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The GPhC COVID19 Temporary Register

There has been widespread media coverage about the thousands of healthcare professionals who have altruistically returned to work in order to assist during the COVID-19 pandemic.  In this blog, I explain the temporary register established by the General Pharmaceutical Council (“GPhC”) to facilitate that process in respect of the pharmacists and pharmacy technicians which it regulates and some of the considerations for those minded to return to pharmacy.


What is the GPhC Temporary Register? 

In response to the COVID-19 pandemic, the GPhC has created a temporary register for all former GPhC registrants who have either taken voluntary removal, or have been removed by the GPhC for non-renewal of their registration, within the past three years.  The only former registrants excluded are those who left the register for fitness to practise related reasons.


All those added to the temporary register are able to resume work in the profession, using protected titles, without going through the usual process of applying to the GPhC for registration.  In addition, no GPhC fees will be charged in relation to the temporary register (whereas registrants normally pay entry and renewal fees of £121 – £257 per annum).  Pharmacy professionals on the temporary register are also excused from carrying out and recording revalidation activities.


How do I join the Temporary Register? 

You don’t!  Rather than de-registered individuals needing to specifically contact the GPhC to join the temporary register, the GPhC has automatically added the names of all eligible persons to the temporary register.  Inclusion on the temporary register does not impose any obligation to practise, so there is no need to be alarmed if your name is included on the temporary register and you wish to remain de-registered.  People nevertheless wishing to have their names removed from the temporary register can complete an opt-out form at


How will professionals on the Temporary Register be regulated by the GPhC? 

People on the temporary register who return to the profession must comply with the GPhC’s Standards for Pharmacy Professionals.


In relation to fitness to practise, the GPhC has confirmed that, if a concern is raised about a registrant on the temporary register, that person will be removed from the temporary register and the GPhC will not follow the usual fitness to practise process of investigating an allegation or giving the registrant any opportunity to respond.


The only requirement will be for the fitness to practise concern to suggest to the GPhC that removal is necessary to protect the public, is otherwise in the public interest or is in the interests of the pharmacy professional.  This is a low bar.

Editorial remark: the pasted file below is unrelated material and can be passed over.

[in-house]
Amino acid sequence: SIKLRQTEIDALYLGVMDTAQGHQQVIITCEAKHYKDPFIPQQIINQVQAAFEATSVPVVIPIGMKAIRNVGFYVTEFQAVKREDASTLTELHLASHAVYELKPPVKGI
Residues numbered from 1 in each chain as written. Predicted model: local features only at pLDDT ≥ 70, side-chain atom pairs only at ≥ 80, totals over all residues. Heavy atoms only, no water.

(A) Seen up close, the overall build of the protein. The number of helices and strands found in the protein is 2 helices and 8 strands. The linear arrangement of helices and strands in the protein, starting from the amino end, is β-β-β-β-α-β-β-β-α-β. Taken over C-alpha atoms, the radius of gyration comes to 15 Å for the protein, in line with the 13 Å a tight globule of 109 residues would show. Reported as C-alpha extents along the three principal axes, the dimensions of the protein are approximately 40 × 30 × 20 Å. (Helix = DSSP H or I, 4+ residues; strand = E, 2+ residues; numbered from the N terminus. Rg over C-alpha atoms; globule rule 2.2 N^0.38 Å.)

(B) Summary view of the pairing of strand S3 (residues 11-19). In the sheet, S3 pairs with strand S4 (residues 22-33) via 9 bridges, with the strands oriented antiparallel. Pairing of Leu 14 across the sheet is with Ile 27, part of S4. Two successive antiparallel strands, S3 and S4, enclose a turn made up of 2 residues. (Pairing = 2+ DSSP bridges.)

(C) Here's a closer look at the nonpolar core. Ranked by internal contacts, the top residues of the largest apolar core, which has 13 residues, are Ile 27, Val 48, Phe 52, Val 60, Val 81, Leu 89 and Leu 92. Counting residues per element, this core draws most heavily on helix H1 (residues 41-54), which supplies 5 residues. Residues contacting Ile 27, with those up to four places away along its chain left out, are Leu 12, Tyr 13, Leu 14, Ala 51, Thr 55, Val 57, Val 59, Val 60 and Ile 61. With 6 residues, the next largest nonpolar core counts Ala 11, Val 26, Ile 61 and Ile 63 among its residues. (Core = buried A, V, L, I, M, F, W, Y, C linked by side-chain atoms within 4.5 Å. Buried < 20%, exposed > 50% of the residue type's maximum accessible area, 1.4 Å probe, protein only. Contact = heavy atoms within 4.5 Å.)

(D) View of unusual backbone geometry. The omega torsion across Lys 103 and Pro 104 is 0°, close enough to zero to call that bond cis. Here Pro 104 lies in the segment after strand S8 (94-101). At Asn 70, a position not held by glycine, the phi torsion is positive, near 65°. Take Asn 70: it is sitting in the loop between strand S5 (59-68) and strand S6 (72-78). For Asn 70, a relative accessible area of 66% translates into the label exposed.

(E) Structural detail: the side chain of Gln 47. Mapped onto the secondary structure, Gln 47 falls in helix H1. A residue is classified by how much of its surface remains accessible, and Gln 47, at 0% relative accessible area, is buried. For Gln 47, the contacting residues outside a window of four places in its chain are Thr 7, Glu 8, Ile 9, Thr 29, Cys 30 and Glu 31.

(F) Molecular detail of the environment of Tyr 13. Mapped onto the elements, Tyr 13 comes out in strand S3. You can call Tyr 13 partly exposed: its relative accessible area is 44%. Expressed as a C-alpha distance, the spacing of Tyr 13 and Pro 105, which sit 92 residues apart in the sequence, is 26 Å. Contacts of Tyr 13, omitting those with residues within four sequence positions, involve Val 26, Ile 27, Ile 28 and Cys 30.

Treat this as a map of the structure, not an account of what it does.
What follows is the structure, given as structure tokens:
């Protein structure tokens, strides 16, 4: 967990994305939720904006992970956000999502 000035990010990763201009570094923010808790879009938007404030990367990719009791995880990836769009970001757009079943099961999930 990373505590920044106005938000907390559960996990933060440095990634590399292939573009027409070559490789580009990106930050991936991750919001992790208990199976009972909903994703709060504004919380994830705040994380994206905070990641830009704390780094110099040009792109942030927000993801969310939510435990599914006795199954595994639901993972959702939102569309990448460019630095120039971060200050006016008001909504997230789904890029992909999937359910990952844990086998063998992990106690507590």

Are there any downsides to the Temporary Register?

In fitness to practise law, we often talk about the case of Bolton v The Law Society [1994].  In this case, Sir Thomas Bingham said “The reputation of the profession is more important than the fortunes of any individual member. Membership of a profession brings many benefits, but that is a part of the price”.  In other words, being a respected GPhC registered professional is a privilege, but the price is the obligation to uphold the very high standards expected of regulated professionals.  Via the temporary register, de-registered individuals are invited to assume the burden of practising as a regulated professional, but are not getting the benefit of substantive GPhC registration, including the right for any allegation against them to be properly investigated.


If a pharmacy professional on the temporary register is removed from that register because someone submits a concern about them to the GPhC, will that concern be taken into account when or if the individual comes to apply to renew their substantive GPhC registration?  This kind of issue already arises in a small number of cases each year, for example when graduating students who have been involved in incidents at University or whilst on placement come to apply for GPhC registration.  In relation to the temporary register, this seems to be a more real risk because the GPhC has already reported “a significant rise in the number of concerns being received [during the pandemic], with over one hundred more than usual in March”.


It is important, before deciding whether to practise via the temporary register, to fully consider the best option for your individual circumstances (including your health, skills and knowledge) and whether you can confidently meet the GPhC’s Standards.  As the GPhC itself has emphasised “There will be many roles within pharmacy and the wider health service which would not require registration but where your skills and experience could be used”.


Do I need insurance? 

Yes, pharmacy professionals on the temporary register must have an appropriate indemnity arrangement in place.


Those returning to work for NHS bodies will ordinarily be covered under the NHS Clinical Negligence Scheme for Trusts in respect of patient claims.  Those returning to work for private contractors need to check the arrangement in place with their individual employer.


Cover in respect of non-claims issues, such as fitness to practise or registration matters, is not provided under the NHS scheme mentioned, or under most private clinical liability policies.


For how long will the Temporary Register exist?

The temporary register will remain in place until such time as the Secretary of State for Health & Social Care advises the GPhC that a state of emergency no longer exists.  Once the state of emergency has resolved, individuals on the temporary register will be de-registered.



Published inGPhCPharmacists